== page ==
Mix the softened cream cheese with garlic powder (if using). Spread a thin layer of the cream cheese onto one side of a tortilla. Place 1 slice of ham over the cream cheese. Spread another layer of cream cheese over the ham. Roll a pickle up in the tortilla. Cover the roll with plastic wrap and chill for 2 hours (to make slicing easier). Remove the plastic wrap. Using a serrated knife, slice the roll into about 1-inch pieces or to desired size.

Dried beef pickle dip 

1 package (3 ounces) dried beef, finely chopped
1 package (8 ounces) regular or reduced fat cream cheese
1/2 cup reduced fat sour cream
2 tablespoons chopped green onion
1/2 to 1 cup coarsely chopped dill pickles (not dill relish)
1/4 teaspoon pepper

Soften cream cheese and combine with remaining ingredients. Chill until serving. Serve with crackers or fresh vegetables.

— Dip recipe from the Iowa Beef Industry Council. 

Savor more Iowa food history

Want more great recipes and Iowa food stories? Check out my top-selling “Culinary History of Iowa” book from The History Press, and order your signed copy today. 

All Aboard! Rockwell City’s “Depot People” Offer a Taste of Iowa History

Eating like a hobo never tasted so good, at least when the “Depot People” are cooking. The savory aromas that emanate from the historic railroad depot in Rockwell City for one afternoon each fall signal that something good is coming down the line.

“I love this little museum and enjoy giving people a taste of the past,” said Carol Hupton of Rockwell City, president of the board of “Depot People” who have transformed the 1899 depot and freight shed into a museum.


A train rolls into the Illinois Central Railroad depot in Rockwell City years ago.

During the annual fundraiser, which Hupton has helped with for the past six years, home cooking offers a feast at the Rockwell City depot a block north of the Calhoun County courthouse. Guests can dine on homemade hobo stew, hot dogs, homemade cookies, bars and more, with all proceeds going to restoration projects at the depot.
Saving the depot has been a labor of love for the Depot People, a group of about 25 people who want to preserve their community’s history. “There was a time when the depot was in danger of being torn down,” said Hupton, who has been volunteering with the depot museum for 10 years. “People don’t always realize the important role the railroad played to help Iowa and small towns like Rockwell City grow.”

The first railroad to arrive in Rockwell City was the Des Moines & Northern line, which was later taken over by the Chicago, Milwaukee & St. Paul Railway. The first passenger train rolled into town in 1881.

Rockwell City’s second railroad was the Illinois Central. Surveying the land between Fort Dodge and Rockwell City for this rail line began in 1899. Around 1903, the Newton and Northwestern Line, an interurban line, became the third rail line to Rockwell City. For decades, it brought passenger cars from Newton and Des Moines every two hours from 7 a.m. to 9 p.m.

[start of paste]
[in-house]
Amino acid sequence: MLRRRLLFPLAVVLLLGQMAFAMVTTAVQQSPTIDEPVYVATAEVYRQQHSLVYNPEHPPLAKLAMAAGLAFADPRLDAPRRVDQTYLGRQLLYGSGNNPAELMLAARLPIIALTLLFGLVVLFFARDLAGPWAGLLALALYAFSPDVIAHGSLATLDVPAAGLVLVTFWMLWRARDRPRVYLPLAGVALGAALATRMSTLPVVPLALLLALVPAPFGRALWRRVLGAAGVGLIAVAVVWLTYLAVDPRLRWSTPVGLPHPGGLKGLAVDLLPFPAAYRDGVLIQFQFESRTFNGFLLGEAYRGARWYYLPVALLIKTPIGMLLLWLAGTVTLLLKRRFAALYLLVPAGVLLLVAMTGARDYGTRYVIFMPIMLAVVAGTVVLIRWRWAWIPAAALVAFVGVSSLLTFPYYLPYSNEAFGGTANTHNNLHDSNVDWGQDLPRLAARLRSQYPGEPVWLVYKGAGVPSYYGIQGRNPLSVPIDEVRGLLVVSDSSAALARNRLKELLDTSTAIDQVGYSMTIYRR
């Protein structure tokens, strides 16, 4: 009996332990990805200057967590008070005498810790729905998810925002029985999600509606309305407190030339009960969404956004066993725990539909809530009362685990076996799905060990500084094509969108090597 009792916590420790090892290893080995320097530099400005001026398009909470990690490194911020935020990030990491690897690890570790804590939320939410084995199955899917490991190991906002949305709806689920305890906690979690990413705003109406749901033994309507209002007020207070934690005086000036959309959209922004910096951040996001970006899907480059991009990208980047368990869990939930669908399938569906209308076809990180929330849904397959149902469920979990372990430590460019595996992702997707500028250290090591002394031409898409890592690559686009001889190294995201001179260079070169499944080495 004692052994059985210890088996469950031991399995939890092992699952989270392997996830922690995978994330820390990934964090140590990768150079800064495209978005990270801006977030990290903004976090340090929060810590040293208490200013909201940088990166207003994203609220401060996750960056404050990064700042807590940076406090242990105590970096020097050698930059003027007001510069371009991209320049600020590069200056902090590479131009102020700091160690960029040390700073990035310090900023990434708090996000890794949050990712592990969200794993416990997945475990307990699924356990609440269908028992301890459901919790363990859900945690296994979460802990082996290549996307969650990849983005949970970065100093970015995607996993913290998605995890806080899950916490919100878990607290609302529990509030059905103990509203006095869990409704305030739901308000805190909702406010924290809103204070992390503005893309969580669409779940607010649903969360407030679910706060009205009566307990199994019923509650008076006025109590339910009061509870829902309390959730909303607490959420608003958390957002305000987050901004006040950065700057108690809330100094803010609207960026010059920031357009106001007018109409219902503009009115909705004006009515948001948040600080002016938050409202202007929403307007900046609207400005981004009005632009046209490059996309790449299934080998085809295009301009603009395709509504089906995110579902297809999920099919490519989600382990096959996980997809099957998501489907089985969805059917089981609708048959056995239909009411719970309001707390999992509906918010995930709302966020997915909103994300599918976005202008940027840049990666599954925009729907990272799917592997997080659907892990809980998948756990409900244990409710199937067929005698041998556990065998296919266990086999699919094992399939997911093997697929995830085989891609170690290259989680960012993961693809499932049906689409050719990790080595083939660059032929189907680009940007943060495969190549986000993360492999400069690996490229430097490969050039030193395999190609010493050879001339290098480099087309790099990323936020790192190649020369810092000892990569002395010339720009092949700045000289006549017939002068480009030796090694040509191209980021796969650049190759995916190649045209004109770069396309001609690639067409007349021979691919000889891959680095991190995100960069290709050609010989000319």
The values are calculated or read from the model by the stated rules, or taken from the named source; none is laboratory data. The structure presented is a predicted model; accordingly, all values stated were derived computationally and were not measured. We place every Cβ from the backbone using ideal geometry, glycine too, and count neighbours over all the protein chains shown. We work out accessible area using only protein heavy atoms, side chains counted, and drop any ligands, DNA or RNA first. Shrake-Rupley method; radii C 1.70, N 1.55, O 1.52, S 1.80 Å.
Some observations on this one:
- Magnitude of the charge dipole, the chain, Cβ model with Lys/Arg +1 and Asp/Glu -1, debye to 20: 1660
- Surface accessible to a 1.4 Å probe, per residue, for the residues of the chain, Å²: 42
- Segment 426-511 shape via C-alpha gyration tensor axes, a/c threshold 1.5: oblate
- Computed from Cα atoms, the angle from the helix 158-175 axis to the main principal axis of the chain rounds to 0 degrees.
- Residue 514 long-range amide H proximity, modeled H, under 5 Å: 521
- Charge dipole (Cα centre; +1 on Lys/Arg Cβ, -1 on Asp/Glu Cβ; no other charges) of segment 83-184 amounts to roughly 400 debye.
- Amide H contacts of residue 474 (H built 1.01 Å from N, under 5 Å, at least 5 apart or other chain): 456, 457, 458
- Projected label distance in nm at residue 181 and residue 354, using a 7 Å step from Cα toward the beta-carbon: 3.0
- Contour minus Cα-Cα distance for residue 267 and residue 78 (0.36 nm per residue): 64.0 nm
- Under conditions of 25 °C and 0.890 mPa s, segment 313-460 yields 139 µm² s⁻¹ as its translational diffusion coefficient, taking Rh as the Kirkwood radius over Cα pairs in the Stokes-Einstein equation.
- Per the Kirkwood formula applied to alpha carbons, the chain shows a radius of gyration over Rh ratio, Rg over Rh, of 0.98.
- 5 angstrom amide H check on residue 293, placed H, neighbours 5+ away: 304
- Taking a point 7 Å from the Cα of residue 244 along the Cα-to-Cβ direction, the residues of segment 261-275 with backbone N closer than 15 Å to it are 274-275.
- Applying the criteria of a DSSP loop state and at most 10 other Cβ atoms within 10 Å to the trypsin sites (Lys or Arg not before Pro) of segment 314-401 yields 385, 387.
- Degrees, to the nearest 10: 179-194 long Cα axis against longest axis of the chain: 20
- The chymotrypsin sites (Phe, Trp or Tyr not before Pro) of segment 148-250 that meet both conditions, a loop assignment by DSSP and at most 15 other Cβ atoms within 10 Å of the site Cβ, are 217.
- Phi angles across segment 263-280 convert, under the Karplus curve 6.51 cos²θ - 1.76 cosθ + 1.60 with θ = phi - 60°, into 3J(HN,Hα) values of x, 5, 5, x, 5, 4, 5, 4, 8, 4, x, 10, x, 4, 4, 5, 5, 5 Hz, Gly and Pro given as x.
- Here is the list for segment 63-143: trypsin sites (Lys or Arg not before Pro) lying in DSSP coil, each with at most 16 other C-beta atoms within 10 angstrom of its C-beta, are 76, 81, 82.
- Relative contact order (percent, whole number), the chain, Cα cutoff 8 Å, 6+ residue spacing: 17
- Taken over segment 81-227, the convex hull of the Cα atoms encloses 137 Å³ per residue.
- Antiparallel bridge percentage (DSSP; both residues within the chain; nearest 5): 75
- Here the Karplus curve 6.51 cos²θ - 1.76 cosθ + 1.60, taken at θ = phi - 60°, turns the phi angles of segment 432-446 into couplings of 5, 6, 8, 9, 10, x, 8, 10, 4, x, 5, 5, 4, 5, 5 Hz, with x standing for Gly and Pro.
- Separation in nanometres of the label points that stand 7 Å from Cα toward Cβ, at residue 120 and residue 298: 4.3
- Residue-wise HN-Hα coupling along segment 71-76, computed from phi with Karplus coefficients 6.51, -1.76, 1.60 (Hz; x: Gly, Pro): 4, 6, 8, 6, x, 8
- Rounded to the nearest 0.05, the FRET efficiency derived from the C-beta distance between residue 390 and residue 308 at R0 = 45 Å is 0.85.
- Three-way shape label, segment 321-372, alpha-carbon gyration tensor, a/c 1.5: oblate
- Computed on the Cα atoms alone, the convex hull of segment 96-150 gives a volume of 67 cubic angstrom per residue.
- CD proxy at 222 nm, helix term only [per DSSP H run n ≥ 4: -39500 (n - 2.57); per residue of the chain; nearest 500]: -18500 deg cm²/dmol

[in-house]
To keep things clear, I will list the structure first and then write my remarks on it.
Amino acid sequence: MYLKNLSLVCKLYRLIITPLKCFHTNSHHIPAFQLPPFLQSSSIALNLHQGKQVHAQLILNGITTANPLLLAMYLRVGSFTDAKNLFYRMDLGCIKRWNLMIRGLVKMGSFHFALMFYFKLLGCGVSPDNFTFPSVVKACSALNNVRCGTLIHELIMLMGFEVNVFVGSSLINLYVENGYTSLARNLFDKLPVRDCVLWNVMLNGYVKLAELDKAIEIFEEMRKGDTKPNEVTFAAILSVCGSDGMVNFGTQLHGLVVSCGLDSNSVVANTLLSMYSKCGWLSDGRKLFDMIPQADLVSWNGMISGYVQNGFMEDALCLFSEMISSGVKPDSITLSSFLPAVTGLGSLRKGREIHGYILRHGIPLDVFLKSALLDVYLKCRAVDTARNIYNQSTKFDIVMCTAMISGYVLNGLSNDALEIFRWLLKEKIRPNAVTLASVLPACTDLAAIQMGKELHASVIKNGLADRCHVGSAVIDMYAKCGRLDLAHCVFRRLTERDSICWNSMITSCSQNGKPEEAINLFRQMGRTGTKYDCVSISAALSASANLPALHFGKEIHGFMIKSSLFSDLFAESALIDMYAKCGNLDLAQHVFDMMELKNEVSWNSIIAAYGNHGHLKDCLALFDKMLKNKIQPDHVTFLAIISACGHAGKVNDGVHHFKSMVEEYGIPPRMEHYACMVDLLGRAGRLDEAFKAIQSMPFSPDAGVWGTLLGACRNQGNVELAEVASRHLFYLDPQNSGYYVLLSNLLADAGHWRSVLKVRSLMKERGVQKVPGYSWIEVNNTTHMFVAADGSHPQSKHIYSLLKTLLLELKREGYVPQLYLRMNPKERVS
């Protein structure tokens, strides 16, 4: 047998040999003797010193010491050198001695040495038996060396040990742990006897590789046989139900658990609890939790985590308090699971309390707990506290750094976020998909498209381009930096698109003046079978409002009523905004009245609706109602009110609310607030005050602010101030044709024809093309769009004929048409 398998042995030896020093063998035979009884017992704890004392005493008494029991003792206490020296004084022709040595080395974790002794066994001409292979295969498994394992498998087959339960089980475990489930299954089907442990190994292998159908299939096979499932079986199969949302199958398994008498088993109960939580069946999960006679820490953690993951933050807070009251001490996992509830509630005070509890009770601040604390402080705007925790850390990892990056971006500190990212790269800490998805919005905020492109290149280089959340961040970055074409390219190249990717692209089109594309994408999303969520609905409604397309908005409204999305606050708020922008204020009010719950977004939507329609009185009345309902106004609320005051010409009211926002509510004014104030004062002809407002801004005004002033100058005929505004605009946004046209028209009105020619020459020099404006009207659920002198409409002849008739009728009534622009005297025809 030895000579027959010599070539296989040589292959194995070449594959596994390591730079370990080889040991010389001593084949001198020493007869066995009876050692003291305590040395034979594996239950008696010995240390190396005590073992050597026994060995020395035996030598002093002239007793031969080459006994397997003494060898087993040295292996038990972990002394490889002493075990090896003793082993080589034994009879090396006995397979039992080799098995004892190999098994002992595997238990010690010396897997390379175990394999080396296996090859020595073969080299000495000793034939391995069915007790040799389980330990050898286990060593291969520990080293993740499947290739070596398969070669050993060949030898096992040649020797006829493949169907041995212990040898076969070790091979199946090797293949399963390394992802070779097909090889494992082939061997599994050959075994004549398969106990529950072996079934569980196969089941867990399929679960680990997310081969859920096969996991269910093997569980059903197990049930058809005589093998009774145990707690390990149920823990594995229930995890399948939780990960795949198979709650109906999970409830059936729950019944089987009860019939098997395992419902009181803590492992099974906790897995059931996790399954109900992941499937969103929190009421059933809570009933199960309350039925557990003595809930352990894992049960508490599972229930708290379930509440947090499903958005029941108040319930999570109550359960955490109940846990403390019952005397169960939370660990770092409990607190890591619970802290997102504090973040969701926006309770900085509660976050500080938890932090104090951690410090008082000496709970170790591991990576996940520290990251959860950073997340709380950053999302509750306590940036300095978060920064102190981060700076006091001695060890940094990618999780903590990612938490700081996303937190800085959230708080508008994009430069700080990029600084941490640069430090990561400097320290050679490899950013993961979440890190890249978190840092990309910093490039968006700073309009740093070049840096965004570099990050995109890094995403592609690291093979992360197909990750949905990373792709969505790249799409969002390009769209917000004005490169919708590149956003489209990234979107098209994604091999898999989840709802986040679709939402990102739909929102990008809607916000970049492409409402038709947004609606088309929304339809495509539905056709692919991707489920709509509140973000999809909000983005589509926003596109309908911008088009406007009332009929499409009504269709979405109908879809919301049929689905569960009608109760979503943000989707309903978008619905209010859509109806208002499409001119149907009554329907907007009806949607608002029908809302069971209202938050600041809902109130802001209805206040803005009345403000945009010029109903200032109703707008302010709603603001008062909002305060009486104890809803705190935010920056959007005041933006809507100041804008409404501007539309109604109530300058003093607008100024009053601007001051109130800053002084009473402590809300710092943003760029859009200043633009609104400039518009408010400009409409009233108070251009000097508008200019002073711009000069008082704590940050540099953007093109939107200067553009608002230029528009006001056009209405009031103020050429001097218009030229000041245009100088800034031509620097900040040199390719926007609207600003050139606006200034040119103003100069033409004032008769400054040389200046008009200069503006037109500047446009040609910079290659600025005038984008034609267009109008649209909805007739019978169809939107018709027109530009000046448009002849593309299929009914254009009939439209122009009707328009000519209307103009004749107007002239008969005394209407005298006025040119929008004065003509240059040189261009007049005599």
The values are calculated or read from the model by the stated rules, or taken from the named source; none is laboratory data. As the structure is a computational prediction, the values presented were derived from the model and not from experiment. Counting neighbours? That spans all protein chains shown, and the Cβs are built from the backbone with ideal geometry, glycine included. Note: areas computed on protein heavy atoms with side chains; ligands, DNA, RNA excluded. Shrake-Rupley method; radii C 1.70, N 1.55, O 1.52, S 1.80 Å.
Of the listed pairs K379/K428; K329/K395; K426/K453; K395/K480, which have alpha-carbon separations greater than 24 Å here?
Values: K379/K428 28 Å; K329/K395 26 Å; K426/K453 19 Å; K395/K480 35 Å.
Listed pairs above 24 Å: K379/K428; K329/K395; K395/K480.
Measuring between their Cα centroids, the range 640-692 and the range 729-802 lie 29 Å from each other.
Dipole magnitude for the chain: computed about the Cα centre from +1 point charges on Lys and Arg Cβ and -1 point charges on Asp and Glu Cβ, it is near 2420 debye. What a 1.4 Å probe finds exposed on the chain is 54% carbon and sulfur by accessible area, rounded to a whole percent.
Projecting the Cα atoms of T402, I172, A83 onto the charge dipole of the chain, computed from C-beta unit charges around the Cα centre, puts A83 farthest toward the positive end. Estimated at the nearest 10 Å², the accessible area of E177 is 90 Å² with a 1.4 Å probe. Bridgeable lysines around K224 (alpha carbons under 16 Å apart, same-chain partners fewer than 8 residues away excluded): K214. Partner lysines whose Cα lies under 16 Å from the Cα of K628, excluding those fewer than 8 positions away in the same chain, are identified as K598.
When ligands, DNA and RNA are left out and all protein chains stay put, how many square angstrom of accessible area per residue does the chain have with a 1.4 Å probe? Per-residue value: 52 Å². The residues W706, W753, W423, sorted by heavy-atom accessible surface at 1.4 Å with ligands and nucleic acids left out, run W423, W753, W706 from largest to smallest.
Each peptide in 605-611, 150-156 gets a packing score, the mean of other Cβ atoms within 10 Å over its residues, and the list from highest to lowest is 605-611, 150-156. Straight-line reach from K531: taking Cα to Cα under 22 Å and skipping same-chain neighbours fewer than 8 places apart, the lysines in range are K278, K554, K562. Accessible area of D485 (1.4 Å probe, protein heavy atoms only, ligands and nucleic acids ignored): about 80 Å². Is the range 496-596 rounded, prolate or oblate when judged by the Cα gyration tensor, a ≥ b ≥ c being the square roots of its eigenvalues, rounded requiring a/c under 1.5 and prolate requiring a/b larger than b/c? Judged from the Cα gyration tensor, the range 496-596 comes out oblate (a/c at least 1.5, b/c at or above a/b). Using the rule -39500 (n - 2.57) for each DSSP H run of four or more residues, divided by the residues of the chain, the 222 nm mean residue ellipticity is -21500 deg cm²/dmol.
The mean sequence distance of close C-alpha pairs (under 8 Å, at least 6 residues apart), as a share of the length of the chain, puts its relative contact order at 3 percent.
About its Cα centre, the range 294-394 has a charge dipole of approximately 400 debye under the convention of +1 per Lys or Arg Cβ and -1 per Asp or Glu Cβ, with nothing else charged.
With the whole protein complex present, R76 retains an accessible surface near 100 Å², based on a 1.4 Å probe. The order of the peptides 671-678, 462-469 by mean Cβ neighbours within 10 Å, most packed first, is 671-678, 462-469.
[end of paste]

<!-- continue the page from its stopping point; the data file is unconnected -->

During the heyday of the railroad, Rockwell City became a stop for multiple passenger trains and freight trains each day. Weary travelers could enjoy a meal at the nearby Hotel Brower or various restaurants in town.

In time, paved roads and interstate highways led to increased traffic from cars, pickup trucks and semi-trucks across Iowa and the nation, marking the end of an era for passenger trains. Railroad transportation itself changed as powerful diesel engines replaced the steam engines that once powered the many trains that rolled across the Iowa countryside. “Now the old depot here in town stands alone as a reminder of our history with the railroads,” Hupton said.

rc-depot-hobo-dinner-carol-hupton-oct-2016-lowresSharing this history is important to Hupton and her fellow volunteers. The depot’s fundraising meal offers another way to encourage people of all ages to visit the museum. “Many kids don’t know anything about the history of the railroad in Rockwell City or other small Iowa towns,” Hupton said.

That’s why the Depot People have created historical exhibits in the depot, including vintage photos of the depot, to show the important role it once played in the community. A recreated hobo camp east of the freight shed also helps visitors learn how the railroad influenced people’s daily life in various ways.

The Depot People continue to apply for grants and host fundraisers with meals to preserve local railroad history. A summer car show allows car, truck and motorcycle fans to display their prized vehicles, while guests can dine on pulled pork sandwiches, potato chips, homemade desserts.

In the fall, the depot becomes an informal dining room where guests can enjoy a hearty bowl of homemade hobo stew, sugar cookies, salted nut roll bars and other goodies prepared by some of Rockwell City’s best cooks and depot supporters, including Maurine Zuetlau.

“Rockwell City’s depot is a landmark,” Hupton said. “We’ll continue to do what we can to preserve this local history.”

Savor more Iowa food history

Want more fun Iowa food stories and recipes? Check out my top-selling “Culinary History of Iowa” book from The History Press, and order your signed copy today. 


Hearty Hobo Stew from Iowa












Hearty Hobo Stew
4 pounds rump roast, cut up into cubes
Olive oil
2 cups diced celery
1 1 / 2 cups carrots, sliced
2 cups apple-cider vinegar
2 cups French onion condensed soup
3 to 4 cups potatoes, cubed and cooked
2 cans diced tomatoes
Beef stock (use as much as desired for the right consistency of stew)